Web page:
Item no. 30168
|District of Columbia|
|Occupation: Manufacturing: garment|
Evelyn Dubrow and ILGWU delegation lobbying for immigration reform, Voice, ILGWU Local 155, May-June 1987.
The ILGWU has a long and distinguished tradition of political action, and it was one of the few unions that maintained a full-time representative in Washington for a sustained period of time.
For almost 50 years -- from 1956 to 2004 -- Evelyn Dubrow, the daughter of immigrants from the former Soviet republic of Belarus, advocated persistently and effectively for a higher minimum wage, fair trade laws, family and medical leave and civil rights. Her career as a labor activist began with her distribution of flyers in Union Square, supporting the Spanish Republic in its war against Franco fascism.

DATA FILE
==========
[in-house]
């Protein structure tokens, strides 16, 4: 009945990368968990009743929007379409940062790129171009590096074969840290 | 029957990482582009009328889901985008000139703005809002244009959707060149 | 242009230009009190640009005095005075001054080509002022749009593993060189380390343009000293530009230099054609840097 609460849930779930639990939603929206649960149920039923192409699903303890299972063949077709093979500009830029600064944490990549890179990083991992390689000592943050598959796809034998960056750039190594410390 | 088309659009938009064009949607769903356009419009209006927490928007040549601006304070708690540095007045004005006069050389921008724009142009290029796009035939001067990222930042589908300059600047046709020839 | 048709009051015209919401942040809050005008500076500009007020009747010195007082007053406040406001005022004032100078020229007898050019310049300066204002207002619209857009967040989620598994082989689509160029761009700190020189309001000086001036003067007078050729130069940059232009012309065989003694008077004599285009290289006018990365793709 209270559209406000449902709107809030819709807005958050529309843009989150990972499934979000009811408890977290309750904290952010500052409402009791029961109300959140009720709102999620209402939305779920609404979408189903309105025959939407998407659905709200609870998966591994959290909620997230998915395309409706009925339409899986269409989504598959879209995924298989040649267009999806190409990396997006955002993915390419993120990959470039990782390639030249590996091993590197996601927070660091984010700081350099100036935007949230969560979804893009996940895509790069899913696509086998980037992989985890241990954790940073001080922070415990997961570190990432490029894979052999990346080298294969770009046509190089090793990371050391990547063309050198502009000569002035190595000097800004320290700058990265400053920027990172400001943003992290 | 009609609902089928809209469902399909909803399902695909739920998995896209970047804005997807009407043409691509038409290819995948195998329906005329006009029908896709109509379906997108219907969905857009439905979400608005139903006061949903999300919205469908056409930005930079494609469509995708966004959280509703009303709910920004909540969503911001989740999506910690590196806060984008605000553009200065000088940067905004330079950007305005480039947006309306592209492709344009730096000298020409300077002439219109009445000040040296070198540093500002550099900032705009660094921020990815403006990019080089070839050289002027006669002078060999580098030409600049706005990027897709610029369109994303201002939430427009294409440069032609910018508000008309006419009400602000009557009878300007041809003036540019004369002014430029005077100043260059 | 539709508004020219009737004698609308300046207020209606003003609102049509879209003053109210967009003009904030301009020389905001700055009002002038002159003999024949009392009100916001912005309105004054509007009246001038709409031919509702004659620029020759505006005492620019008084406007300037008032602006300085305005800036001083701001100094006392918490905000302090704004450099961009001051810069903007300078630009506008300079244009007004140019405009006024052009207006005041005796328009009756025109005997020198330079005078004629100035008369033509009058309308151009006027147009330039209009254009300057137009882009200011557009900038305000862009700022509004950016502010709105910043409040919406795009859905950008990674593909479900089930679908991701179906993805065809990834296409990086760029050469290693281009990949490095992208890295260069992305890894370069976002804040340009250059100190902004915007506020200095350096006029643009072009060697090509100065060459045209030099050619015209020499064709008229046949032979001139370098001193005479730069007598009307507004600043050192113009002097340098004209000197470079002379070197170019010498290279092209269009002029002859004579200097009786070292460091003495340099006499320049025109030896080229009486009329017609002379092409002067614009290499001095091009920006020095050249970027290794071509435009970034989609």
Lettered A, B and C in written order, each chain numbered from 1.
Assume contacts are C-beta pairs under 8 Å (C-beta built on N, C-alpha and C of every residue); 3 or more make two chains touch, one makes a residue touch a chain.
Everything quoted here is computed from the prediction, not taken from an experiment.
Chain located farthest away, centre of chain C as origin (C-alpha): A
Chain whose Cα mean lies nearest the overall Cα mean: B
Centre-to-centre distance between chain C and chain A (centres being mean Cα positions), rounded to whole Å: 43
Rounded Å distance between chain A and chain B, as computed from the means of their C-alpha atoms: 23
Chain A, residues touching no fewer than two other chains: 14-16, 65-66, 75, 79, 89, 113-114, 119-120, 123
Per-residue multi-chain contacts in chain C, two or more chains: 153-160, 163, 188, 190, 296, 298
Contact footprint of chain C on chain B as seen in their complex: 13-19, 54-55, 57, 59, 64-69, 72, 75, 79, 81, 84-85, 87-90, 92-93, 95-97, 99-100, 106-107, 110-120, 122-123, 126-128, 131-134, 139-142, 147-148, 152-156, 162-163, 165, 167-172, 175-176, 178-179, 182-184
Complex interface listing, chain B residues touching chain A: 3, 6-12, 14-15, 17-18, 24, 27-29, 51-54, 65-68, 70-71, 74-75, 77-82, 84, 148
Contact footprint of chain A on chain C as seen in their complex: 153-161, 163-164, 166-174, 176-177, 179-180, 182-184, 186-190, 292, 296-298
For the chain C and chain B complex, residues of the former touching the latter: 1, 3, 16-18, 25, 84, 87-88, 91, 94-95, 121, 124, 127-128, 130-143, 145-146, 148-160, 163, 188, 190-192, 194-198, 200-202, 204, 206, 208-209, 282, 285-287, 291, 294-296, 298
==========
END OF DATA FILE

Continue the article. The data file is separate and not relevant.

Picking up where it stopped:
Dubrow was the quintessential lobbyist - persistent but not to the point of being offensive, knowledgeable and persuasive but not dogmatic. She was awarded the Presidential Medal of Freedom by President Bill Clinton and was the only person on Capitol Hill allowed to share the doorkeeper's chairs outside the House chambers.
Pictured above on the steps of the Capitol are (front row) Sal Giardina, Nick Bonano, Sam Fine (in white suit) and Evelyn Dubrow; (back row) unidentified woman, Norman Lewis, Lou Monteenegro, unidentified man, and Sam Byer.
Learn more about the ILGWU as a Union of Immigrants - A Union of Activists in the exhibit The ILGWU: Social Unionism in Action.